Expand Business in Norway
Global Upside helps businesses expand into Norway by providing talent acquisition, human resources, accounting, payroll, tax, incorporation, and professional employer organization (PEO)/employer of record (EOR) services. Our comprehensive offerings create an end-to-end solution that helps you establish your business and optimize your operations, all while maintaining compliance with laws and regulations of Norway.
The hiring and incorporation processes in Norway are often complex, time-consuming, and involve numerous legal and compliance challenges. Global Upside simplifies these processes and lifts the compliance burden from your business. Our teams have the experience and expertise required to help you establish a legal entity in Norway. We also offer PEO/EOR solutions to companies interested in hiring employees quickly, without setting up a legal entity in the country.
Norway has a steady economy with a dynamic private division, a huge state sector, and a broad social security net. Additionally, it has one of the biggest reserves of hydro-power, wood, minerals, gaseous petrol, freshwater, and seafood.
- Norway ranks as the 30th largest economy in the world in terms of nominal GDP.
- Norway ranks as the 14th largest economy in Europe.
- Norway is one of the top 20 best countries for business.
Private Limited Liability Companies is an individual entity that is governed by a board of directors who are the decision-makers. The directors are elected by the investors and the daily activities are administered by a general manager who is appointed by the board of directors.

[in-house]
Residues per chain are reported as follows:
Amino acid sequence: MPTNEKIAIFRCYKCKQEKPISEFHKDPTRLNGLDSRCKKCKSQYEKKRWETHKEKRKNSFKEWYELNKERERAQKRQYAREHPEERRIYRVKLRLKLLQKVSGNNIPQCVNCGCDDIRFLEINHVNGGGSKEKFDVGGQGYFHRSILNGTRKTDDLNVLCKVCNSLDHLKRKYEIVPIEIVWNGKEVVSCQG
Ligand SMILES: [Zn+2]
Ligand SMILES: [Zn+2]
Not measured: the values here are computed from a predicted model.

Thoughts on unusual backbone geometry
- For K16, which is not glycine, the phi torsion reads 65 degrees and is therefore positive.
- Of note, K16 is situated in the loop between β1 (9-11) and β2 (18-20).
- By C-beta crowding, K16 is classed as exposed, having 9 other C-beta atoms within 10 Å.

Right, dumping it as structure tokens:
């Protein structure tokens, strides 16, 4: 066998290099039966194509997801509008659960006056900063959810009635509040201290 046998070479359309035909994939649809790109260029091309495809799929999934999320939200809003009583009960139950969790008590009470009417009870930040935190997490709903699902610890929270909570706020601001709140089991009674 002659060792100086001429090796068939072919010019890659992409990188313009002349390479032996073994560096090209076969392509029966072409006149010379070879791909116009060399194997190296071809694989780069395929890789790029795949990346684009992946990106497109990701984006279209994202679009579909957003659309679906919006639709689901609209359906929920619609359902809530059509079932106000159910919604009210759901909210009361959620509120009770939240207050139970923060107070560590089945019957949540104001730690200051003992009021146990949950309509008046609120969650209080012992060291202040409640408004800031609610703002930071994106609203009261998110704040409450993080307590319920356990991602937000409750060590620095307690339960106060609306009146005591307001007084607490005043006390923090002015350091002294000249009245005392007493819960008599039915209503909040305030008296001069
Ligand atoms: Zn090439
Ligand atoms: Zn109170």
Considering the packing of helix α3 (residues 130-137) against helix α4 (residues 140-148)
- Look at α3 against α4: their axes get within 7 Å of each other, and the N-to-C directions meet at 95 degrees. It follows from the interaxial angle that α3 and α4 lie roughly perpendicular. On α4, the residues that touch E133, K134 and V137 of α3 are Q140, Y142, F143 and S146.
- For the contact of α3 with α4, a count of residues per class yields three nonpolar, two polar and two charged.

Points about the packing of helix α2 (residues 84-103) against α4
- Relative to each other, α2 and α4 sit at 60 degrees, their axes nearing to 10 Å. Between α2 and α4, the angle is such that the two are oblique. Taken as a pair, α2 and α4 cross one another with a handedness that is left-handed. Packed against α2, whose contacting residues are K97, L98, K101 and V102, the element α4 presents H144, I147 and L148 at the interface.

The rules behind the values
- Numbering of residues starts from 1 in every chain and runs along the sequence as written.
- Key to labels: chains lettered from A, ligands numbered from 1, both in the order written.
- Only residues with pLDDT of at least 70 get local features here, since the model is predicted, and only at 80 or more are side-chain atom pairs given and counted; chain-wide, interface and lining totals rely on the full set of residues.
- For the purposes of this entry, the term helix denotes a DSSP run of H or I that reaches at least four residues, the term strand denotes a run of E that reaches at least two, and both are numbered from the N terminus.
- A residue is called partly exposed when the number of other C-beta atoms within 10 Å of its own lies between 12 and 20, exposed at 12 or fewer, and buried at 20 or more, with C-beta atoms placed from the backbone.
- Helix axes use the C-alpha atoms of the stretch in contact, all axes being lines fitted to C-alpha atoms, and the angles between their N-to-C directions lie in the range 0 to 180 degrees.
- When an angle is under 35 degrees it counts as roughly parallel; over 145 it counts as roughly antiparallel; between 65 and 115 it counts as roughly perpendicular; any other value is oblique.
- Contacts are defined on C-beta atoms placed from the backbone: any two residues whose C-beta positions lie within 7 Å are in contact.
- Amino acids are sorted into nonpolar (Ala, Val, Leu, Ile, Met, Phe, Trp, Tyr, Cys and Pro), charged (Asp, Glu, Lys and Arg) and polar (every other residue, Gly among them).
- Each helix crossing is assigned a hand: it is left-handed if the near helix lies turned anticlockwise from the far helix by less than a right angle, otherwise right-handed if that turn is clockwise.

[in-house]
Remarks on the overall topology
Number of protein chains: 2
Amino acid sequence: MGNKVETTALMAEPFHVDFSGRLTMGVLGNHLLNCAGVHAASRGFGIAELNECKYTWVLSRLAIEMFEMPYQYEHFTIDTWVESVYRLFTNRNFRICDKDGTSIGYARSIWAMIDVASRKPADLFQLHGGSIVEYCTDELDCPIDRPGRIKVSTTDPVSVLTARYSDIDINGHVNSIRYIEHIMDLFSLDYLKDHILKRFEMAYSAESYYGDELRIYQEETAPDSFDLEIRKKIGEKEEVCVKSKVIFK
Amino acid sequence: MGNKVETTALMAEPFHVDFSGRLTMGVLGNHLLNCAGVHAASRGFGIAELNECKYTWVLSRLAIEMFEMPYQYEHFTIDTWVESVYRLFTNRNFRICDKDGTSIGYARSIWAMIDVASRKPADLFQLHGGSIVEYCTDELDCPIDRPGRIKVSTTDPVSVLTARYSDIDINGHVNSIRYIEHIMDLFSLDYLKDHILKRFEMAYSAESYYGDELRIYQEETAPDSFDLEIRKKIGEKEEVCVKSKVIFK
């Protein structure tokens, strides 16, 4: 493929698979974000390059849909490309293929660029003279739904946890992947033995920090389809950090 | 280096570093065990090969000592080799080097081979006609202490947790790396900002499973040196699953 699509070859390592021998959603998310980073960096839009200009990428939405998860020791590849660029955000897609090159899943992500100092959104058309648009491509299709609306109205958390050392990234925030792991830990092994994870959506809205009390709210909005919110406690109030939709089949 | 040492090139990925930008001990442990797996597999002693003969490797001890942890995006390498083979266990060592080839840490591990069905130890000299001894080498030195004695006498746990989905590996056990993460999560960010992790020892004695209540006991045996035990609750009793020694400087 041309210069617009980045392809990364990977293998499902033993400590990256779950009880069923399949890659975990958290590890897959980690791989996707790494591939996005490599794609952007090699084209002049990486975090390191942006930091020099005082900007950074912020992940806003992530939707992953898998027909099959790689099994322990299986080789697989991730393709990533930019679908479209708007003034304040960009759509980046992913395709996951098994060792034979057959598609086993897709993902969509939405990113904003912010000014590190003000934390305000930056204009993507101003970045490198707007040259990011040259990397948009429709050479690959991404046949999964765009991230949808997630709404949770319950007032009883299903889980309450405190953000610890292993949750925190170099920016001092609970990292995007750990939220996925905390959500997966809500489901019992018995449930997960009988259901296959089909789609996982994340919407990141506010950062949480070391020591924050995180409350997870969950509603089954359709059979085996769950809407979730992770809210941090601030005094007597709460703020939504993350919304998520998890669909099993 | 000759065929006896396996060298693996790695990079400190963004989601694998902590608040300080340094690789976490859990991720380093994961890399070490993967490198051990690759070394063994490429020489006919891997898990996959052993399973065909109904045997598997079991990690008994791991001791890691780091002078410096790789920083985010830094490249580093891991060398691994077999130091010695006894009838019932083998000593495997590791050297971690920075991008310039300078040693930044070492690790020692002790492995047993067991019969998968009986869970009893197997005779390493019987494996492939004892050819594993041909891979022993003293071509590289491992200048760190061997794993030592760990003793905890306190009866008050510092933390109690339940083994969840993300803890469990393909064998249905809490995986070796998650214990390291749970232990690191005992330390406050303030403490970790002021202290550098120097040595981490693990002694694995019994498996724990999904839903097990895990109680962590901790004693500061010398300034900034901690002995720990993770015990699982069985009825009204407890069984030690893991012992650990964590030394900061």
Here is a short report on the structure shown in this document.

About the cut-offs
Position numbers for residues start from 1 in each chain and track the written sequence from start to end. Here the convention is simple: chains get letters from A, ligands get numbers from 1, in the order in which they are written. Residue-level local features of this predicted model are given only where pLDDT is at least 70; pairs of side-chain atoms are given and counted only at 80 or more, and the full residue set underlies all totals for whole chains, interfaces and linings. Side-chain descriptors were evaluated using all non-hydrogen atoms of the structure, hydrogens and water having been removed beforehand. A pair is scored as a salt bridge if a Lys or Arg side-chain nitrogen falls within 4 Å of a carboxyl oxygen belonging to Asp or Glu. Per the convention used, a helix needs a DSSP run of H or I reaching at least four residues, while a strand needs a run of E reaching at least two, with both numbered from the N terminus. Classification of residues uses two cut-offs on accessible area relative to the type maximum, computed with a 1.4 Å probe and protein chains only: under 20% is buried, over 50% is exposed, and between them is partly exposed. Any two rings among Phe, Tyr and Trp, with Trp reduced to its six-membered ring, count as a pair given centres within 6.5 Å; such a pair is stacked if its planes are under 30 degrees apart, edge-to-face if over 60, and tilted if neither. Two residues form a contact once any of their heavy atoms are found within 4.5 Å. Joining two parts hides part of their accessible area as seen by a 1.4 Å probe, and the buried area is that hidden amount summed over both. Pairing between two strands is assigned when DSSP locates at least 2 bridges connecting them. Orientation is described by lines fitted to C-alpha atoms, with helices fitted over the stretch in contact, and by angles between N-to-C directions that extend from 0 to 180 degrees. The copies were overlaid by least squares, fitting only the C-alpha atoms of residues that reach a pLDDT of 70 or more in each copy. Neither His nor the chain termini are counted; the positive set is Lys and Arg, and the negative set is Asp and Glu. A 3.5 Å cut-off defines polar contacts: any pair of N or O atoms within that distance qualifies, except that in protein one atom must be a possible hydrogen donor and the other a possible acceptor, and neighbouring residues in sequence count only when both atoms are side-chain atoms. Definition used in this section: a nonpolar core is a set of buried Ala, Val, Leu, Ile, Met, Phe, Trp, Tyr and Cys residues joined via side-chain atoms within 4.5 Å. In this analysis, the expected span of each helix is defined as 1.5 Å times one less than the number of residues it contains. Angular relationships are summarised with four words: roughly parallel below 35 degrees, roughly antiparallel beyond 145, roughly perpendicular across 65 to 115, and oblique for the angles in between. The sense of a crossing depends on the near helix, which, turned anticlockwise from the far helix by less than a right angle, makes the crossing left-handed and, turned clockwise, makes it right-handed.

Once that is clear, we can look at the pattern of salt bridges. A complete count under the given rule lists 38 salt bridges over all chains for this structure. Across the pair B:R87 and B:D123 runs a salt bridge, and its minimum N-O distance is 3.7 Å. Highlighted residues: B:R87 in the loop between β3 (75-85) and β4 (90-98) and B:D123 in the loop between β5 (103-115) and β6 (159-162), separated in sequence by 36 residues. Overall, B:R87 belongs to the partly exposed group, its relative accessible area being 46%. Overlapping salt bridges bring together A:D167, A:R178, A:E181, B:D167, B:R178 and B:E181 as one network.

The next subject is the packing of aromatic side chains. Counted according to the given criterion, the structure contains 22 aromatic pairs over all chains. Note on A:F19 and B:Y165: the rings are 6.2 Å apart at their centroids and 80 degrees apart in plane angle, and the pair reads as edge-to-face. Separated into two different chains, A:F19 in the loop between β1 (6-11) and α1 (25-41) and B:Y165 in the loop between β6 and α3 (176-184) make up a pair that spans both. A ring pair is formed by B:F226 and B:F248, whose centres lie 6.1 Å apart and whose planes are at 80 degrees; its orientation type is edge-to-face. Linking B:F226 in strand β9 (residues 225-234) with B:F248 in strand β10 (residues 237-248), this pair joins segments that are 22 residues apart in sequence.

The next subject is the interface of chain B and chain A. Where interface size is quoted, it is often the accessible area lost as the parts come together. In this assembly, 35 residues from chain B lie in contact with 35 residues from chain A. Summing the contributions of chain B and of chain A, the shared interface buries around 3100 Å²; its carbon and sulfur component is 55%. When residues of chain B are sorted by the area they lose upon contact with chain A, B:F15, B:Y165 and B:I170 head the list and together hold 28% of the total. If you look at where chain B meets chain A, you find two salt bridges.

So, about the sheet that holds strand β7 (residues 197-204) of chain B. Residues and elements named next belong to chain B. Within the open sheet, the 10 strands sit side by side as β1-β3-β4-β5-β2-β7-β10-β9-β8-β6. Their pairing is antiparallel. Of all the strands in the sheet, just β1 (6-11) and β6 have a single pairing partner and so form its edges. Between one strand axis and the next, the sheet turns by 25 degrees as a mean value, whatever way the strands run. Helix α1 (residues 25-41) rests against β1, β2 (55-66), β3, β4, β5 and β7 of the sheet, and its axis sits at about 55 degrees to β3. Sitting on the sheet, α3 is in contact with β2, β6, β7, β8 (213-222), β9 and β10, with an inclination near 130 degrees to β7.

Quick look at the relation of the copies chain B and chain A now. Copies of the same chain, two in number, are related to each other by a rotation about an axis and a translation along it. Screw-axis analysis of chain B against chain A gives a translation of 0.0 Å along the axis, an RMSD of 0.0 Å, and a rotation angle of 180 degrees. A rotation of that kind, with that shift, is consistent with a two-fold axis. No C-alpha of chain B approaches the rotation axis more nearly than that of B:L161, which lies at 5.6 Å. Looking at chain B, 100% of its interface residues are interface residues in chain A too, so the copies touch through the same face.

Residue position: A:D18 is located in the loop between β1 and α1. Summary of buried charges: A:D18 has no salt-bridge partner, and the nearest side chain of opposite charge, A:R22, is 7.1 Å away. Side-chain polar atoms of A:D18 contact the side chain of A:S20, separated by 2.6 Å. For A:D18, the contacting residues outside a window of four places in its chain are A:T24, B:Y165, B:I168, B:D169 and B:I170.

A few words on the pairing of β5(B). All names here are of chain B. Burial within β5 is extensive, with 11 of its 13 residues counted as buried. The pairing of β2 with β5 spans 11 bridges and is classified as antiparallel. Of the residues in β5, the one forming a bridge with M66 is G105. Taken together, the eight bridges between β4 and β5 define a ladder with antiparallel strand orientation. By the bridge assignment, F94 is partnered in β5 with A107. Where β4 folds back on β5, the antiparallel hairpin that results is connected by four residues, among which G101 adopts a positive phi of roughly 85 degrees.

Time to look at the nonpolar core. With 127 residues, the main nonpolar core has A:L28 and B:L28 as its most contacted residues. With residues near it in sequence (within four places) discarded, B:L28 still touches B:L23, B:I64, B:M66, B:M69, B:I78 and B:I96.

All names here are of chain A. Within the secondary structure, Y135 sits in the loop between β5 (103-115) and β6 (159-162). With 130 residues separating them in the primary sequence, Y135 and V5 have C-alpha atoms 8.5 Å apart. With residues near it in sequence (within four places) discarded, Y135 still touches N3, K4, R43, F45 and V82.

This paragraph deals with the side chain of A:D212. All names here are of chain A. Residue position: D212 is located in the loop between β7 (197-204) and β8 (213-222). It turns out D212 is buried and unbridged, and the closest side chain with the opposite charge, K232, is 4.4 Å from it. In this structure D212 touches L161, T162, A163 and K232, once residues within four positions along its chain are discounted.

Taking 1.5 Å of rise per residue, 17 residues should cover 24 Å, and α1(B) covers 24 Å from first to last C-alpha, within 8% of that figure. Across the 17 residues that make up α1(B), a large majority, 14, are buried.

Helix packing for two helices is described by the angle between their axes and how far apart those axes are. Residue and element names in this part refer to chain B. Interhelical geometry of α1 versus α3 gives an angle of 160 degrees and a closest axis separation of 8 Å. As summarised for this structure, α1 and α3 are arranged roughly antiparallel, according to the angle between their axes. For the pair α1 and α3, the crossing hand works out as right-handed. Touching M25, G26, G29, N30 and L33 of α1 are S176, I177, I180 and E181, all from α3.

Public Limited Liability Companies is a form of an establishment that is separate and individual and the legislative structure of public LLCs is unitary with private LLCs.
Partnerships with Unlimited Liability is an individual entity that is governed by partnership meetings. The board of directors and a general manager can be appointed by partnership meetings and they administer the daily activities.
It takes approximately five to seven weeks to establish a legal entity set up in Norway.
The Norwegian Employment Protection Act of 2005 classifies the Norwegian employment law.
Enterprises are required to have security representatives and workplace advisory groups, and some organizations are required to have a corporate health facility where vital.
An employment contract needs to mention the below details:
- Name and address of the employer and employee
- Duration of employment
- Working hours
- Job description
- Probationary period
- Termination and notice period
Employers must pay the employees monthly, however, both the parties can decide on a bi-monthly payment frequency.
Norway has approved the European IAS Regulation that necessitates Norwegian listed organizations to formulate consolidated records as per IFRS. Banks, insurance enterprises, and other financial establishments also need to prepare individual and consolidated accounts corresponding to IFRS (with specific exclusions applied to the individual records). All other organizations in Norway have the choice to apply IFRS.
The Norwegian data protection authority (Datatilsynet) is an autonomous managerial structure that governs privacy regulations via information, inspections, dialogue, and complaint handling.
Anti-Bribery & Anti-Corruption Law
Under Section 387, 388, and 389 of the Norwegian Penal Code (2005) the legal framework that governs bribery in Norway is provided.
The legal consequences of being found guilty of bribery and corruption offenses are:
i) Private and public officials face 10 years of imprisonment.
ii) Organizations are forfeited with an indefinite monetary fine.
iii) Both a company and an individual may face seizure of criminal property received from the offense.